I heard a story lately about a leader who had just been promoted to replace a VP of Sales who was profoundly disliked by his organization. This guy was apparently a horrible leader.
He was known to bully people. He’d freaked out when things went wrong. He was quick to accept praise for success, but would never share in the blame when something didn’t go to plan.
By the time he was shown the door, he had undermined the executive team, and shaken the confidence of the sales organization.
Coming in on the heels of a performance like that, the new VP saw his promotion as a great opportunity to turn things around. And when he took over the reins of the sales organization, he was immediately greeted as a savior.
All those people that had suffered under the previous VP were grateful, bending over backwards to applaud the new guy and whatever he did. He became their hero.
The honeymoon carried on for quite a while, until it was time to assess the new leader’s performance. When the CEO took a hard look at the sales results, he was shocked to find out that the new guy – someone who was universally liked and the subject of constant, positive feedback – hadn’t done a better job than the loathed leader that came before him.
What happened here? It’s been my experience that a new leader can easily adopt a false sense of security when coming in to take over from a despised leader. Sometimes organizations are so glad to be rid of a bad leader, they set the bar too low for the new person coming in to take over. So in the early days, it’s pretty easy for the new leader.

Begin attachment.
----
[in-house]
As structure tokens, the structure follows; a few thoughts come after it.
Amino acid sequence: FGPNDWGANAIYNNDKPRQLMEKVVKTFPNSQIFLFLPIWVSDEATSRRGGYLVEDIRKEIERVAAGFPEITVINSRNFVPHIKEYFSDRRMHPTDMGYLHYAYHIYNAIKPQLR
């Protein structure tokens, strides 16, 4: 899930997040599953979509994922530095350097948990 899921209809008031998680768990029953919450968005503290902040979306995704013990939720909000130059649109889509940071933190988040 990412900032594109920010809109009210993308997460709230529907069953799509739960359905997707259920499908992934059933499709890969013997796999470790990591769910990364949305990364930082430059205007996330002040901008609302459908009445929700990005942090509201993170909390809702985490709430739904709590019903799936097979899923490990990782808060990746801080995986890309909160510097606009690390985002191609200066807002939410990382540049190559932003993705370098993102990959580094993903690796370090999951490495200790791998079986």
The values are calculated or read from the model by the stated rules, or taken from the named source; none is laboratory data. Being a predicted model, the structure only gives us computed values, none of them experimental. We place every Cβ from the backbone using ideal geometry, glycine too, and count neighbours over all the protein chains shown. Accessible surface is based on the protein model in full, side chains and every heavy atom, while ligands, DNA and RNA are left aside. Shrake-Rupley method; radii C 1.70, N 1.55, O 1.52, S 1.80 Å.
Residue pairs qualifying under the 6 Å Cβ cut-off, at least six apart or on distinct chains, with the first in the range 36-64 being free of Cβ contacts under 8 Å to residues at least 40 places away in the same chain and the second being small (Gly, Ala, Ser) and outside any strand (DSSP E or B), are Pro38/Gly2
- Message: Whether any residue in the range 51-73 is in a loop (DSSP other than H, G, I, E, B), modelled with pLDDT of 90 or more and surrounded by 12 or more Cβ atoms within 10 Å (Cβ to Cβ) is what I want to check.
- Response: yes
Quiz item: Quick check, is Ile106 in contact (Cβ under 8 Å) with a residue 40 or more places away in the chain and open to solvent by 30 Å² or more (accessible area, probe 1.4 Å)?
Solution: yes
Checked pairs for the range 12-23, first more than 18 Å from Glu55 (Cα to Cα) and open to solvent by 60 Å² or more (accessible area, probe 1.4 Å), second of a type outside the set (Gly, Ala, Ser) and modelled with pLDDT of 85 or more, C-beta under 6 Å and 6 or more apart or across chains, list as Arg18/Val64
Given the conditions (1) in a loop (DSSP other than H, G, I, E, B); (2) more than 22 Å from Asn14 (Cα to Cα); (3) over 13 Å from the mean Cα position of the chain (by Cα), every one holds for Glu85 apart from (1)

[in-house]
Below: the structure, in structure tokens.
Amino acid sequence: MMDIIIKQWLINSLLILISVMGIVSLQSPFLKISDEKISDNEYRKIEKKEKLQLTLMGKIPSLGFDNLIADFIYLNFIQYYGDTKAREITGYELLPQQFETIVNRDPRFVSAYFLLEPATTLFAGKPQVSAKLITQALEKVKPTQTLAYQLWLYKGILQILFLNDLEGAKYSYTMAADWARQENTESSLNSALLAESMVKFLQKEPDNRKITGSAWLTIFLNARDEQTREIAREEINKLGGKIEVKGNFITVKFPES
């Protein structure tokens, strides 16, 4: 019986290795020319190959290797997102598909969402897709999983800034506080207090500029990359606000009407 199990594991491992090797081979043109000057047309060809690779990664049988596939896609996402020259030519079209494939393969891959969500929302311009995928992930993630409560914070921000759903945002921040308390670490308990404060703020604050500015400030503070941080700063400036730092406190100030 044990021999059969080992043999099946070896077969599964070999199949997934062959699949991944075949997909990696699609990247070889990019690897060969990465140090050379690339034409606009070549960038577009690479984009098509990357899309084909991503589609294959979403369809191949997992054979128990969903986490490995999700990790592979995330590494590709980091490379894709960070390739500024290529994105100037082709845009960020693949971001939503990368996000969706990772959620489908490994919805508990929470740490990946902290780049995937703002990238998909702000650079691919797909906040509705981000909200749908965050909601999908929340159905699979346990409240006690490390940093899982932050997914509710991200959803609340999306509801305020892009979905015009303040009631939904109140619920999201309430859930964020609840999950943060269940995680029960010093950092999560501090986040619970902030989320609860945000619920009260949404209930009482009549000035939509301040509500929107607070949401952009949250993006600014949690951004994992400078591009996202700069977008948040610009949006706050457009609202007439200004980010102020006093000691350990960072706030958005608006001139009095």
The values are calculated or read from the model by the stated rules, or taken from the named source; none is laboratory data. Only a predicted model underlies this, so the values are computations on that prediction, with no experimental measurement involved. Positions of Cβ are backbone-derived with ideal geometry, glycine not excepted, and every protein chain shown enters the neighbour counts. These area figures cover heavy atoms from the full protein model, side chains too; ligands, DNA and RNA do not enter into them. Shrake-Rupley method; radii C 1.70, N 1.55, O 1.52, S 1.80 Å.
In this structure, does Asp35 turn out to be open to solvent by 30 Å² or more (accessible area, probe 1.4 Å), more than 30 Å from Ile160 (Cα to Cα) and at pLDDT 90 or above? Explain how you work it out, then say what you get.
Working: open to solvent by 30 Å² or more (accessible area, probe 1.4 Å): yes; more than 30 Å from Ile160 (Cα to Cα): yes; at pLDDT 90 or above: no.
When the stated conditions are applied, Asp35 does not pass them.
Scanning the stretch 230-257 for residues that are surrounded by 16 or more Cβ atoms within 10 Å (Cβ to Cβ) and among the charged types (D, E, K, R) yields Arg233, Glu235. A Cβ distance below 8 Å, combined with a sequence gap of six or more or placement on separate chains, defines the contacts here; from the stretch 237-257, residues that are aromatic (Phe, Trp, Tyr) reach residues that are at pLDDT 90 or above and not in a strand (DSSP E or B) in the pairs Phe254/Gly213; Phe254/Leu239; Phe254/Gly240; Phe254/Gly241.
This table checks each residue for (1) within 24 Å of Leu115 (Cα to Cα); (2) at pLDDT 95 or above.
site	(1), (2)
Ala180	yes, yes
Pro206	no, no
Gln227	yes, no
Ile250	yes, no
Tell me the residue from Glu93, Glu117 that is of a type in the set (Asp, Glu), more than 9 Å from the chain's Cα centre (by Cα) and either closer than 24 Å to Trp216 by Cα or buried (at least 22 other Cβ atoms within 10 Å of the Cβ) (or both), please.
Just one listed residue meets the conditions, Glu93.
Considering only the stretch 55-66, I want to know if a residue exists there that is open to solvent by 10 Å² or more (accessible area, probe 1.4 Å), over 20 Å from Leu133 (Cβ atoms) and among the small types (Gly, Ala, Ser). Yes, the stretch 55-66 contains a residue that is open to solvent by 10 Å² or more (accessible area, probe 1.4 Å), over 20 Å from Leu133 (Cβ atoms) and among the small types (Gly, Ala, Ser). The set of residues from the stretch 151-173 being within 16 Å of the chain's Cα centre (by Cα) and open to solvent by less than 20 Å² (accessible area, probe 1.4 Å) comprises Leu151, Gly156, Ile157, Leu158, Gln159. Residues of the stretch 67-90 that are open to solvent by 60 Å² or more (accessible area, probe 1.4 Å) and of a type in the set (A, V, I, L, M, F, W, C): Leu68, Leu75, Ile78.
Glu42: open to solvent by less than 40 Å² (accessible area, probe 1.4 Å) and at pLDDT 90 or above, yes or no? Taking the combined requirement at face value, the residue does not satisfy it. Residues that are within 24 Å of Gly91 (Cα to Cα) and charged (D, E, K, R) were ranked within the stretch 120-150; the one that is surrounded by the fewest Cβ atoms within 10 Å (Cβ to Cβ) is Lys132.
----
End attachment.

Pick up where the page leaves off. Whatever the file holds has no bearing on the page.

This is an important lesson for all leaders. Our value to our organizations is not measured by how much more liked we are than a previous leader. It’s not enough just to be more likeable; you have to ensure that you are doing your best job, and getting the best out of your people, regardless of the performance of your predecessor. Sucking less than your predecessor isn’t a sign of success.
We can see many examples of this dynamic at work.
When Satya Nadella was confirmed as the new CEO of Microsoft in February, the initial commentary focused on much different he was than his predecessor, Steve Ballmer.
Ballmer was big, burly and often loud. He was infamous for having a volatile temper, and venting his frustrations and wishes at the drop of a hat. In contrast to the mercurial Ballmer, Nadella is soft spoken and low profile. He tends to quote Nietzsche and TS Eliot in his everyday life. He is, in almost every way, everything that Ballmer was not, and is apparently beloved in Microsoft for that.
However, around spring, the commentary on the Nadella era changed. Rather than focusing solely on the stark contrast personal style, it became all about bottom line results.
Fortunately for Nadella supporters, the company seemed to thrive on the new leadership, with share prices climbing by more than 25% since he took over. There are still concerns – principally around the drag that acquisitions like Nokia are creating for Microsoft – but for the most part optimism reigns at Microsoft.
Nadella certainly enjoyed a brief honeymoon for being kinder and gentler than Ballmer. But when the honeymoon ended, he had to start showing results. So far, that’s exactly what he’s done. He’s begun to tackle some sacred cows at Microsoft, doing it in his way, but doing it nonetheless. It’s clear he’s there to drive change, and not settling just a being a nicer guy to work with than Ballmer.
And that is the central message here: you can be more likeable than the last guy, but you have to produce at some point. Without results, the honeymoon you enjoyed when you came into the job will end. And then, you will find that being likeable just isn’t enough to save you.
This week’s Gut Check question: Are you really doing a good job, or do you just suck less than the previous leader?
Join the conversation with me @VinceMolinaro #GutCheck
About the Author
Vince Molinaro is the Global Managing Director of Strategic Solutions at Lee Hecht Harrison. He is also the author of The Leadership Contract – a New York Times and USA Today bestseller. Vince has spent more than 20 years as an adviser to boards and senior executives looking to improve leadership in their organizations.Follow on Twitter More Content by Vince Molinaro